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Part Three:

Five Core Implications for the 21st Century

This report has highlighted the successes and challenges in Sears' programmatic effort to diversify its work force. As Sears Chairman Brennan says, "Our corporate culture has permitted us to be a laboratory to show results." Although the experiences of one such laboratory may be insufficient for drawing sweeping conclusions about the ADA and corporate America, they suggest five core implications for management, workers, and institutions.

Drawn from Sears' experiences and confirmed in other empirical studies of the ADA, the five implications are as follows:

1.The impact of the ADA on American business is evolutionary, not revolutionary.

2. Universal design and access, not retrofitted technology, fulfill the objective of including people with and without disabilities into productive work force participation.

3. Efforts to educate management and the work force about the ADA and the capabilities of people with disabilities must be based on facts, not paternalism and myths.

4. Starting from a base of ADA compliance, companies can look beyond compliance to transcendence by fostering opportunity and independence, not handouts and dependence, and by providing meaningful career opportunities for people with disabilities.

5. Far from creating onerous legal burdens, the ADA can provide employers and employees with a framework for dispute resolution and litigation avoidance, not the explosion of litigation that some observers predicted.

Each core implication reflects the progress and challenges that Sears and other companies have experienced in their efforts to comply with and transcend the ADA.

1. Evolutionary Not Revolutionary

CEO Brennan sums up the view of the ADA's evolutionary rather than revolutionary effects: "The ADA was something whose time had come, but we were always out in front on these issues to meet the needs of our customers and employees."

Everyone at Sears who participated in this report agreed that the ADA is having a positive effect, although some associates expressed a benign indifference to the act. "I don't even know what's in it [the ADA]," says Don Mott, a computer programmer who is blind. "I don t think it's had any impact on Sears. The company was doing these things for people with disabilities before the ADA."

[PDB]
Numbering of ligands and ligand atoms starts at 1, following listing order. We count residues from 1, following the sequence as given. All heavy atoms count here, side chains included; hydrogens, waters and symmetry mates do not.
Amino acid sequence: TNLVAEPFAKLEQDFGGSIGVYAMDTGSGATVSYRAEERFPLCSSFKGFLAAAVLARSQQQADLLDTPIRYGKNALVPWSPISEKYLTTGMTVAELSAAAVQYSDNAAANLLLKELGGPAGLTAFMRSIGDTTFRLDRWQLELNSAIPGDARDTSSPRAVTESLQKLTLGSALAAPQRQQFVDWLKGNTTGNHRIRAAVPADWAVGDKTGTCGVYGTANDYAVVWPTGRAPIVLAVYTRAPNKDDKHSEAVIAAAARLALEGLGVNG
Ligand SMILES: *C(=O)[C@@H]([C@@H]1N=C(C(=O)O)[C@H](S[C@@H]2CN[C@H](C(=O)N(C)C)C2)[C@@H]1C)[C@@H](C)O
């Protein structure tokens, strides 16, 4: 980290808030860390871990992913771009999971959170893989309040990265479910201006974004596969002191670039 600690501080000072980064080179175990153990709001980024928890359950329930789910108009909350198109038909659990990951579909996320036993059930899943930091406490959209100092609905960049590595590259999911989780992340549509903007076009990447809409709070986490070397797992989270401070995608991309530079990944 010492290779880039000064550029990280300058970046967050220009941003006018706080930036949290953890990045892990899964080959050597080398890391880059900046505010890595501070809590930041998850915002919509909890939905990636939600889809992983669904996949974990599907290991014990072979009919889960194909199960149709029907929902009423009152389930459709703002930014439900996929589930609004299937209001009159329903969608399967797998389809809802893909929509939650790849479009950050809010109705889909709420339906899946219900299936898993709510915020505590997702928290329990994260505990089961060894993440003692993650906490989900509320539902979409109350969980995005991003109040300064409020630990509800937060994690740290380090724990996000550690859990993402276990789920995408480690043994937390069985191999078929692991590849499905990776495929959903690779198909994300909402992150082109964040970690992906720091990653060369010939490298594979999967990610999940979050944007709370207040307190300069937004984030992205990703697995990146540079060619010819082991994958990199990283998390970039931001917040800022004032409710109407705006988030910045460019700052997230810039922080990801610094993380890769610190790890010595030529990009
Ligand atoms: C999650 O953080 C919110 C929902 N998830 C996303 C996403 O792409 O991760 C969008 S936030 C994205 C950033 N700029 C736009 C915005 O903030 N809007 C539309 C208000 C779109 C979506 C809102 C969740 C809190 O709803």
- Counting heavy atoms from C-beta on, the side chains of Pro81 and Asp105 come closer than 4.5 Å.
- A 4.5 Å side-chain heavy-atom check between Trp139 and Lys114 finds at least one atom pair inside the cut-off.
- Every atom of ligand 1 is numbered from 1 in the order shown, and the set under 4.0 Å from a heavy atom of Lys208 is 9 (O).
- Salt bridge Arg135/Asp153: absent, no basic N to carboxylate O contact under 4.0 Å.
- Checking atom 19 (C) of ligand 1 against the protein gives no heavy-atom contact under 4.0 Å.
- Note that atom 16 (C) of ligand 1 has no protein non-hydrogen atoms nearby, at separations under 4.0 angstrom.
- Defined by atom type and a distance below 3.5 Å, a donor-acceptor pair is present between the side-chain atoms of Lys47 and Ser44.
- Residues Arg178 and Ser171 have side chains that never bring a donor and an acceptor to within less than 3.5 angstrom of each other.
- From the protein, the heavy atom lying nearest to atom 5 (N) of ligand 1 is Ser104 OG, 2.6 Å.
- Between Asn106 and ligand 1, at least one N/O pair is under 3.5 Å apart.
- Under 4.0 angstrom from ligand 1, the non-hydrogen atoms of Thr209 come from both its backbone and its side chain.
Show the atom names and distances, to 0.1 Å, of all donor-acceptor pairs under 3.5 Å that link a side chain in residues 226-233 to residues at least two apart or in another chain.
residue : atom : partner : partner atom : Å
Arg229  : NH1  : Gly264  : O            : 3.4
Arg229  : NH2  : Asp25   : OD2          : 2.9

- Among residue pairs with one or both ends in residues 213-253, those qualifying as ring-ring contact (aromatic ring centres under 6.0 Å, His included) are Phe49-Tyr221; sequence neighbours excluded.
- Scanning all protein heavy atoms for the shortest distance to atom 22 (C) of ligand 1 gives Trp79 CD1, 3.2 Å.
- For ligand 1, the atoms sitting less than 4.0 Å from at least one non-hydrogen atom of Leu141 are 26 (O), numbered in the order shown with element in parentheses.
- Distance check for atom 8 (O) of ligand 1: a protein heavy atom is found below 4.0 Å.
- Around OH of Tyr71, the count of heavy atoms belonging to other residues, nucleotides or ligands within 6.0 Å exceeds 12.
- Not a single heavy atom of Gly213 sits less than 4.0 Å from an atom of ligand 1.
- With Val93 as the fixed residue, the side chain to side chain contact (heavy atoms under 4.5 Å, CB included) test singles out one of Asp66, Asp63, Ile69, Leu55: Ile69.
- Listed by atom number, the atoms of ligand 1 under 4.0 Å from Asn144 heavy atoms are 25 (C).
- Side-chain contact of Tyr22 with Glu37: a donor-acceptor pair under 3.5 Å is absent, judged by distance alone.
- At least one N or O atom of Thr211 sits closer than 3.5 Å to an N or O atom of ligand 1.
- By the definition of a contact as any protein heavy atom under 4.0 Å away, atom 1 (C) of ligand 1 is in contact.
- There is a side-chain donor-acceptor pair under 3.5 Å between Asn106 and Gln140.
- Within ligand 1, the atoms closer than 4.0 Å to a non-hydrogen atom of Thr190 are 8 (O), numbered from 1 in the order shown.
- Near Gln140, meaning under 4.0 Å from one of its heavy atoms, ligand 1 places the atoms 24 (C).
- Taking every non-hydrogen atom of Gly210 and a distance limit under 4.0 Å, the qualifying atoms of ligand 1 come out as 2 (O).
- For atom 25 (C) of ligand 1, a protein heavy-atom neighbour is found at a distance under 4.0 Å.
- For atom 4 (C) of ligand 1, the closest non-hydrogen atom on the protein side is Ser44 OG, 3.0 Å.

"I haven't noticed any difference in people's attitudes since the ADA," observes Alan Sprecher, another computer programmer who is blind. "Most people don't know the requirements or implications of the law until someone makes an issue of it."

Import Manager Brad Shorser, who is also blind, is a bit more upbeat. "The ADA has helped raise the consciousness of hiring managers, who now seem more willing to accept people with disabilities. But it's not just the ADA. It's everything that led up to it, including the civil rights legislation of the 1960s. Combined with Sears' policies, the ADA is helping to break down psychological barriers about people with disabilities."

Mary Ann Stephen, an administrative assistant who is visually impaired, agrees. "The ADA is helping people get information. People with disabilities used to be afraid to talk about their disabilities or get help or information. Now we re not as afraid. There's somewhere to go."

Tony Norris, a Footwear Department executive who is a quadriplegic, echoes this sentiment. "The ADA has been good in awakening the public to people with disabilities. People don't shy away from us as much as they used to."

Remaining Challenges

Lingering prejudices about hidden cognitive and mental disabilities are preventing many people from enjoying full productive participation in the workplace. (For more information, see the Special Feature). Even among people with disabilities who have achieved integration into the work force, a perceived glass ceiling limits their career advancement, and a sense of separateness is difficult to overcome.

"I don't know that I've ever been or ever will be part of the gang," says Sprecher. "Being disabled, you don't fit in 100 percent." Shorser agrees. "I don't expect we'll ever get to the point where prejudice against people with disabilities disappears completely."

A sense of frustration or regret is evident in talking with some Sears employees with disabilities; some feel that the ADA by itself may never change lingering attitudes. "It can be frustrating to admit your limitations," says Shorser, "even in an environment like Sears where you are encouraged to reach your full potential."

While an inclusive corporate culture such as Sears' helps speed the ADA evolution, completing the process will require more intensive education and communication between management and the work force.

2. Universal Design and Access, Not Retrofitted Technology

The ADA encourages equality of access: to employment opportunities, to facilities, to information. Often the best solutions for providing access are those that have universal application, especially with regard to facility design and information technology. (For more information, see the Special Feature.) Universal design and access solutions make possible a level playing field on which all people can participate and compete based on their abilities, not on their disabilities, as noted below: